The generation that can remember the Great War is almost gone. Victoria reigned for decades, but those born under her rule have nearly vanished. There was a time when much of what we take for granted, some good things and some bad, did not exist. Those that remember the days before easy air travel and easier communication are passing away.

I was reminded of this in reading of the memorial service for the last Titanic survivor. There is now nobody left alive who sailed on the ill fated ship. The crew and passengers of the liner are now all united in the journey no man can put off for long.

It would be easy to be melancholy in the face of such autumnal news, but Tennyson was wise when he had his King Arthur say at death:”The old order changeth, yielding place to new,/And God fulfills Himself in many ways,/ Lest one good custom corrupt the world . . . “

The sin of clinging to an old good is an easy sin to commit. It is the sin of Tolkien’s Elves who would not let Middle Earth change as it should have changed and so gave room for Sauron’s power to be preserved as well as their own. Old goods can become new evils when allowed to cling too long to life . . . like Christmas ornaments left up until March what was once festive becomes sad and ugly.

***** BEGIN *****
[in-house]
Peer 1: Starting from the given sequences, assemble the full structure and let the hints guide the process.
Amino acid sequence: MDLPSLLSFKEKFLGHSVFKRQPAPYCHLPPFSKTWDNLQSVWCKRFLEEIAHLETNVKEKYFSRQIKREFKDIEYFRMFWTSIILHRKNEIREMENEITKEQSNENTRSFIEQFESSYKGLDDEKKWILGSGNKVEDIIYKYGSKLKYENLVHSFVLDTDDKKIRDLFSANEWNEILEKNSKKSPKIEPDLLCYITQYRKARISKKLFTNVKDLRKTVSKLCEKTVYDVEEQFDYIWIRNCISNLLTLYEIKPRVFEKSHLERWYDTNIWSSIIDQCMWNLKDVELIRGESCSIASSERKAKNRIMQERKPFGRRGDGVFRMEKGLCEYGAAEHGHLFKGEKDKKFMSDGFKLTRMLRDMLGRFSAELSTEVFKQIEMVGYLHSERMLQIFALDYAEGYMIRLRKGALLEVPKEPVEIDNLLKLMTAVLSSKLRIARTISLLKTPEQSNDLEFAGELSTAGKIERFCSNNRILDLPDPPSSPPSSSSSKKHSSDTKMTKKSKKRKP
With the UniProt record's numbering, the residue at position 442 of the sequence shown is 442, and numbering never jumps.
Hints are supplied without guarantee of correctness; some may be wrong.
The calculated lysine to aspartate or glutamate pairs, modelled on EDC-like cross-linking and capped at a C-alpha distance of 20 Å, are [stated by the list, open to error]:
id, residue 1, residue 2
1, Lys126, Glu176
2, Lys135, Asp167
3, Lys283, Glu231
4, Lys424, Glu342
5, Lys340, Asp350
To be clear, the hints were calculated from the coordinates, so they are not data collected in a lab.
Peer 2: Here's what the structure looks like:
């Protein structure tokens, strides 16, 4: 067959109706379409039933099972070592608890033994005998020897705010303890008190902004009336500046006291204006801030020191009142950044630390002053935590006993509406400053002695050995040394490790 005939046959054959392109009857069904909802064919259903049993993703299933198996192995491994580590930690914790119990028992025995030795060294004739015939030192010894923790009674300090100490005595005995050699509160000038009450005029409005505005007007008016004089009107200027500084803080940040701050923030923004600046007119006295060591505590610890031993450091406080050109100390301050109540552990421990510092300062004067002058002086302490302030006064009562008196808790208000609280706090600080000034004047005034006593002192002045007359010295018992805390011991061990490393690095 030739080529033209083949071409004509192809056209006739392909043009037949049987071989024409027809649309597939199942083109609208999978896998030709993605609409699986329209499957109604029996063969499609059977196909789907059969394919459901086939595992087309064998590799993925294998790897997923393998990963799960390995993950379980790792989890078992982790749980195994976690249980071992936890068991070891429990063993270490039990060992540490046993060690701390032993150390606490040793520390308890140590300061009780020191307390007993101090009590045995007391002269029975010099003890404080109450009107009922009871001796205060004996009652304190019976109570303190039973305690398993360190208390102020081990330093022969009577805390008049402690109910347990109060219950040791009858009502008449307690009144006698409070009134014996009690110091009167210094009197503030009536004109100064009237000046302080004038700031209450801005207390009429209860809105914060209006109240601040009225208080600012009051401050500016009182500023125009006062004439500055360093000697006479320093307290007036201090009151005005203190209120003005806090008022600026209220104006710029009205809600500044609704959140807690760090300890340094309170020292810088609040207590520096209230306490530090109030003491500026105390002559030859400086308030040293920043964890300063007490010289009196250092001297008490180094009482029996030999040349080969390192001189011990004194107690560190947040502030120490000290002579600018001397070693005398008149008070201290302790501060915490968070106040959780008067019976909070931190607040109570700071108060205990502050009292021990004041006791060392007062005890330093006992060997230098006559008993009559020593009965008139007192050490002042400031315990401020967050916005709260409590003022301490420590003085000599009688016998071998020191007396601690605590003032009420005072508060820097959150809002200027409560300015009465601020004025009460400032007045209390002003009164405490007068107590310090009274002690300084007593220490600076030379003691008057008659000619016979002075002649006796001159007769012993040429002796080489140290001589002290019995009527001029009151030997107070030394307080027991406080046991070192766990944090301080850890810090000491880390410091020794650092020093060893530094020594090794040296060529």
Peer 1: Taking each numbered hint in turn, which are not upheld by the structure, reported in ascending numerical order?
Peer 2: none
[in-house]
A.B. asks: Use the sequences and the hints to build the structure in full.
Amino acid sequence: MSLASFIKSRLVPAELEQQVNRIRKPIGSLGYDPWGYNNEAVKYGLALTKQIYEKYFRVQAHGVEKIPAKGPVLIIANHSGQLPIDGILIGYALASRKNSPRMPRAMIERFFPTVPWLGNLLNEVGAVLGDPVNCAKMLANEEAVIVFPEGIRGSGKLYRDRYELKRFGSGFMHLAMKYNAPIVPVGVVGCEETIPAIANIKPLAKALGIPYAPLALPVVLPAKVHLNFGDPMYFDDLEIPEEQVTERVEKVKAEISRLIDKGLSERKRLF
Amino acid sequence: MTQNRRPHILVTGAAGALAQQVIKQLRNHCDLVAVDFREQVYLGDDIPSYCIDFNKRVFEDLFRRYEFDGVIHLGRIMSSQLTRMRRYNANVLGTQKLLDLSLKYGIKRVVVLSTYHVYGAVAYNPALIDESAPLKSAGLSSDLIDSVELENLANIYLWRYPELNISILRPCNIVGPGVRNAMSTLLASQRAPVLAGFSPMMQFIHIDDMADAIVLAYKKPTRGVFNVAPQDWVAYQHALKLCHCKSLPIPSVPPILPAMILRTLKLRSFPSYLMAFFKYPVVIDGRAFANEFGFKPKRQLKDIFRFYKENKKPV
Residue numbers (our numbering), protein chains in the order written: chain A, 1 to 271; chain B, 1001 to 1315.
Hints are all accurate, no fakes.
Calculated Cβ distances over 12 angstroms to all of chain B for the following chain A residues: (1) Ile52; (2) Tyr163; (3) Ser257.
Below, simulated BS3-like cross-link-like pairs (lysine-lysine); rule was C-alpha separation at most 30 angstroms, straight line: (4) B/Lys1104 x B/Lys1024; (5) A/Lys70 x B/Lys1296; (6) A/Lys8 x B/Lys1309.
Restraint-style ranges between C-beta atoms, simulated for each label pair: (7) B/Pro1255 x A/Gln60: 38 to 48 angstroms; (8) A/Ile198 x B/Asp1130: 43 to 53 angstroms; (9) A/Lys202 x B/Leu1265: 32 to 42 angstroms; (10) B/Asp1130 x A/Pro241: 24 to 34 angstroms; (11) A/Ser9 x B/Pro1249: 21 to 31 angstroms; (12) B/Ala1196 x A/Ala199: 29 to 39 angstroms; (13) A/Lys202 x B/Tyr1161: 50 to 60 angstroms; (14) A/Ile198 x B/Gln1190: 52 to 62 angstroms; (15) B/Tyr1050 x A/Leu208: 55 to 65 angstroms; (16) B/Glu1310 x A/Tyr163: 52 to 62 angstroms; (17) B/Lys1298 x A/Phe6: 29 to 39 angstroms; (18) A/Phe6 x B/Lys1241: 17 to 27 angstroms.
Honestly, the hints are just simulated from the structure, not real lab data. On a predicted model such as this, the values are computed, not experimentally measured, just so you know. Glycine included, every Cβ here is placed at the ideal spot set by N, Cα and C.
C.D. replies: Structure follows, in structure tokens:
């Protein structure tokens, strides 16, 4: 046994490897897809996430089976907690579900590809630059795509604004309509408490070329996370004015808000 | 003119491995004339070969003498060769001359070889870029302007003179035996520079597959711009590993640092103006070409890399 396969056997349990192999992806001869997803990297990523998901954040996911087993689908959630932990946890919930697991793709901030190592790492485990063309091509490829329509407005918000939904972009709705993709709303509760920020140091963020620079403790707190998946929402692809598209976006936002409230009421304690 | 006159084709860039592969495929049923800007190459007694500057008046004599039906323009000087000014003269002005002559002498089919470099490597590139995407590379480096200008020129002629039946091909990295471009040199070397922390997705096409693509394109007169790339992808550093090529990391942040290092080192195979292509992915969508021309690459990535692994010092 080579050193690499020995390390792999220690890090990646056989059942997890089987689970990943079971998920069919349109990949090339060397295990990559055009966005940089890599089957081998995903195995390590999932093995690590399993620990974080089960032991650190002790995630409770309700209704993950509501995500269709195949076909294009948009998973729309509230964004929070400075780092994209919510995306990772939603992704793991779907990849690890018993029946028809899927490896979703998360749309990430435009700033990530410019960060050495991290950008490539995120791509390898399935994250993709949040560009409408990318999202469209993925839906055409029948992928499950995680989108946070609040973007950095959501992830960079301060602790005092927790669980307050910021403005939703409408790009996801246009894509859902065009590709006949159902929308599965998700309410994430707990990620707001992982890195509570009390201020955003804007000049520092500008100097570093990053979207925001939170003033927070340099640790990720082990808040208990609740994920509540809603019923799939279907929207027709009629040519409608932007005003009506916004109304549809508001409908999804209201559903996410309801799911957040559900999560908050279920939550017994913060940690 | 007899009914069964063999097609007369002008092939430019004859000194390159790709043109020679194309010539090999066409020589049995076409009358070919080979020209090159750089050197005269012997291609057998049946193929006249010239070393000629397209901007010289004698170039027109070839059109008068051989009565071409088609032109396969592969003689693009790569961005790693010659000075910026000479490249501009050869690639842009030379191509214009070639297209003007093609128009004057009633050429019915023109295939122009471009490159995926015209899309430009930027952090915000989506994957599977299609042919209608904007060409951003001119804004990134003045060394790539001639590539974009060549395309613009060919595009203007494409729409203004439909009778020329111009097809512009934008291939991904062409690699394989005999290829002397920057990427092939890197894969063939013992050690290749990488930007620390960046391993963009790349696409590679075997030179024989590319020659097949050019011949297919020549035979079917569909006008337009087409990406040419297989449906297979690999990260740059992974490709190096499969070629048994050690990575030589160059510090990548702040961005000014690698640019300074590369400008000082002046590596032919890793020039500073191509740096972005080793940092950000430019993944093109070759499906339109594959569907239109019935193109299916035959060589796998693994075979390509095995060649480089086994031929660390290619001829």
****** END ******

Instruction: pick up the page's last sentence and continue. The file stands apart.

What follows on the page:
Much of what we now take for granted will seem quaint or even wicked to the generations that will come. I suspect they will look at our sexual “liberation” with horror, though one hopes there is not too great a swing in the opposite direction. They may thank us for some changes, but even those changes may have passed away giving way to some better goods.

There will be a few last survivors of this age . . . many clinging with Hitchen’s like certainty that all the twentieth and early twenty-first century beliefs could have worked out if they only had more time. It will be a bit charming to see the old rogues like aged Enlightenment sinners dying in Victoria’s Age . . . more pitiable than fearful.

What should I do today in the light of life’s transitions?

Cling to what is permanent, but let go of what is not lasting. This life is perhaps the best example of what must be given back to God. So many of us cling fiercely to this life, but it must end lest in dragging on it becomes wearisome to the possessor.

I hope to look forward with open eyes, grasping at nothing, now and at the hour of my death.

Articles by John Mark Reynolds

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